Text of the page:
Long before quarantine forced everyone into their homes and gaming became a more everyday part of our culture, Aerial Powers was looking for new ways to connect the worlds of eSports and hoops. As a streamer herself, Powers already has more than 5,000 followers on Twitch. But after she launched the Powerz Up <em>NBA 2K </em>Tournament last summer, the Dutch eSports brand Team Liquid began talks to bring Powers on as a streamer and ambassador.
In many ways, Powers, a 2019 WNBA champion with the Washington Mystics, represents an intersection of much of what gaming can be in the future. As a passionate gamer who dominates at NBA 2K as well as Apex Legends and Call of Duty: Modern Warfare, she will fight right in at Team Liquid. But as a Black female athlete who’s part of the trail blazing WNBA, Powers also is clearly unique among gamers. That’s why Team Liquid added another duty to Powers’ role with the brand when they named her the chair of the company’s newly formed diversity and inclusion task force.
Powers spoke with Dime on Wednesday about her partnership with Team Liquid, her memories from the WNBA’s Bubble season last summer, and where her head is at as she faces free agency this week.
What stood out about the Team Liquid partnership and what do you hope to accomplish along with them?
I mean, Team Liquid is just like, there’s a legacy there, right? They’re a legacy eSports organization, and anybody would want to be a part of them. I mean from talking to the co-CEOs Steve (Arhancet) and Victor (Goossens), just the values really align with me on what they want to do, and what they’ve been doing you know in the past. So this partnership was just the right way to go. For me, I’m going to be l on the Team Liquid side as a streamer, and a brand ambassador for them, and also leading their diversity and inclusion task force. So, I mean, when it comes to anything Team Liquid, they’re just champions in all areas. So, being a part of them is phenomenal.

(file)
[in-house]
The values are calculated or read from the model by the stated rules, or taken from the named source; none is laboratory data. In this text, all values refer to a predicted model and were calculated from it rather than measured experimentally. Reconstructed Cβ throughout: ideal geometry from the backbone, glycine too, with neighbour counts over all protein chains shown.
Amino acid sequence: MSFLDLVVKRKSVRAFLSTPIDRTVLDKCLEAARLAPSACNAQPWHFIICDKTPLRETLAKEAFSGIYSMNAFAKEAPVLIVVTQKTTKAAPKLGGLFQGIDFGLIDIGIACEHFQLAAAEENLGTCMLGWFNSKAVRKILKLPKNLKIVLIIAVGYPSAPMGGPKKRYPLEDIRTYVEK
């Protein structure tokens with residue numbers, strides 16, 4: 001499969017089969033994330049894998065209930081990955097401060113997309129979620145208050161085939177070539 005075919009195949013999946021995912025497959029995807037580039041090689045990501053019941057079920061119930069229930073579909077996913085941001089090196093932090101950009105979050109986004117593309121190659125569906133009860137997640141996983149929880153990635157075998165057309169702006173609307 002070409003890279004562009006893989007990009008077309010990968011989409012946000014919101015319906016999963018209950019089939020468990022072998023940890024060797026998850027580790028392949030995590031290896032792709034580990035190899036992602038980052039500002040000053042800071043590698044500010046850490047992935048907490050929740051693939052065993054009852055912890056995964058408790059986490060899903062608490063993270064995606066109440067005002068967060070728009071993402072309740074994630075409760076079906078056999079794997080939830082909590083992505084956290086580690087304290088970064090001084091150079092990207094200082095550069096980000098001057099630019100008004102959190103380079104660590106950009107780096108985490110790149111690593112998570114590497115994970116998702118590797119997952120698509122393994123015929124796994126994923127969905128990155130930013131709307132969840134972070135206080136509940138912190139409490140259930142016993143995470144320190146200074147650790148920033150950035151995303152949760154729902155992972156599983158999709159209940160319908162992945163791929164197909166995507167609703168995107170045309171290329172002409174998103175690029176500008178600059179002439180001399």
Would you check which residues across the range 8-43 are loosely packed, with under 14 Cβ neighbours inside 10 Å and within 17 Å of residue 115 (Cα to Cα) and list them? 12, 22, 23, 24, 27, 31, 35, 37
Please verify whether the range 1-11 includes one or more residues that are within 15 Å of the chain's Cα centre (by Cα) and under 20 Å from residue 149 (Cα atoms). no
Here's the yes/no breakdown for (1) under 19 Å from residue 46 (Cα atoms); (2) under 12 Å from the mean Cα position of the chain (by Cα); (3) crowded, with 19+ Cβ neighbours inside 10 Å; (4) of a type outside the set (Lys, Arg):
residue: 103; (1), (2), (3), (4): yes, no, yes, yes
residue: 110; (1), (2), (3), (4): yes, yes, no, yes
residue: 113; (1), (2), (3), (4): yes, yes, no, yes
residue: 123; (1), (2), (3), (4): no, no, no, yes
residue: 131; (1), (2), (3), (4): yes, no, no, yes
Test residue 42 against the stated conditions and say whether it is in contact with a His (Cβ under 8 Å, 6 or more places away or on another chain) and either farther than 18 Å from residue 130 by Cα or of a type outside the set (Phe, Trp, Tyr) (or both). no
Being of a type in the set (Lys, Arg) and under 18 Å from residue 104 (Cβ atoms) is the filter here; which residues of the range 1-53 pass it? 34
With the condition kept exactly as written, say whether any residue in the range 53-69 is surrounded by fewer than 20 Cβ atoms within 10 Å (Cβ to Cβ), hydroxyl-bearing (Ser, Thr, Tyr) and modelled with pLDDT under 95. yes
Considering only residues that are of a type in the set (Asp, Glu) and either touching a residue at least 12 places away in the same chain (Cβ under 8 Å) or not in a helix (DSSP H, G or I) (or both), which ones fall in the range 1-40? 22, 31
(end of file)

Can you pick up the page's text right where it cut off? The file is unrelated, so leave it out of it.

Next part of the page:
In addition to being a streamer you also will be the chair of Team Liquid’s diversity and inclusion task force. What do you anticipate that role being like and why was that something you wanted?
It came together just from them seeing all that I was already doing in that space before actually being signed with Team Liquid. Like you mentioned before, I did the (all-female) NBA 2K Powerz-Up tournament. And that kind of came about because when I started out just streaming, you know, from a professional athlete standpoint, it’s all about, girls aren’t bigger, they aren’t stronger, this and that. And I came over to the eSports space and I felt that same kind of stereotype towards female gamers, and it wasn’t as inclusive and inviting for females, and it’s also looked at as male dominated. But it’s not.
So I’m like, how do I make my voice known, how do I help change this, because on the (WNBA) side, people looked at me for advice because I’m a public figure. When the 2K tournament started, it was all about being more inclusive to females and just making them feel like they have a community to come to and start just expressing their love for eSports. Now, Team Liquid saw everything that I was doing, saw that I was trying to make a change in this industry in the best way possible when it comes to diversity and inclusion. So, you know, when they approached me about being the leader of their diversity inclusion task force, it was only right that I accepted it and took it full force, because not a lot of orgs are trying to do that, especially building out basically a task force to make sure that it gets done.
I can’t imagine you expected when you did the Powerz-Up Tournament that this would come out of it, right?
Last year was just so crazy and everything that went on, you know, COVID, and everybody’s locked down in the house, right, and people are just looking to get into something, (and) eSports made this big boom. People that are in the industry know how amazing it is, (but) they don’t realize how it could feel, you know, to not feel included in this big booming thing that’s taking off, right? And I felt that when I played the game. When I got on the game and people were like, oh you’re a female, or saying little things that were basically cyber-bullying. When it comes to just me being a female — and it’s not about gender when it comes to eSports — it’s about the skills you bring to the table, whether it’s mouse and keyboard or controller. That’s the beauty of eSports. Anybody can play it. Anybody (can get to) a certain level, as long as you put the work in.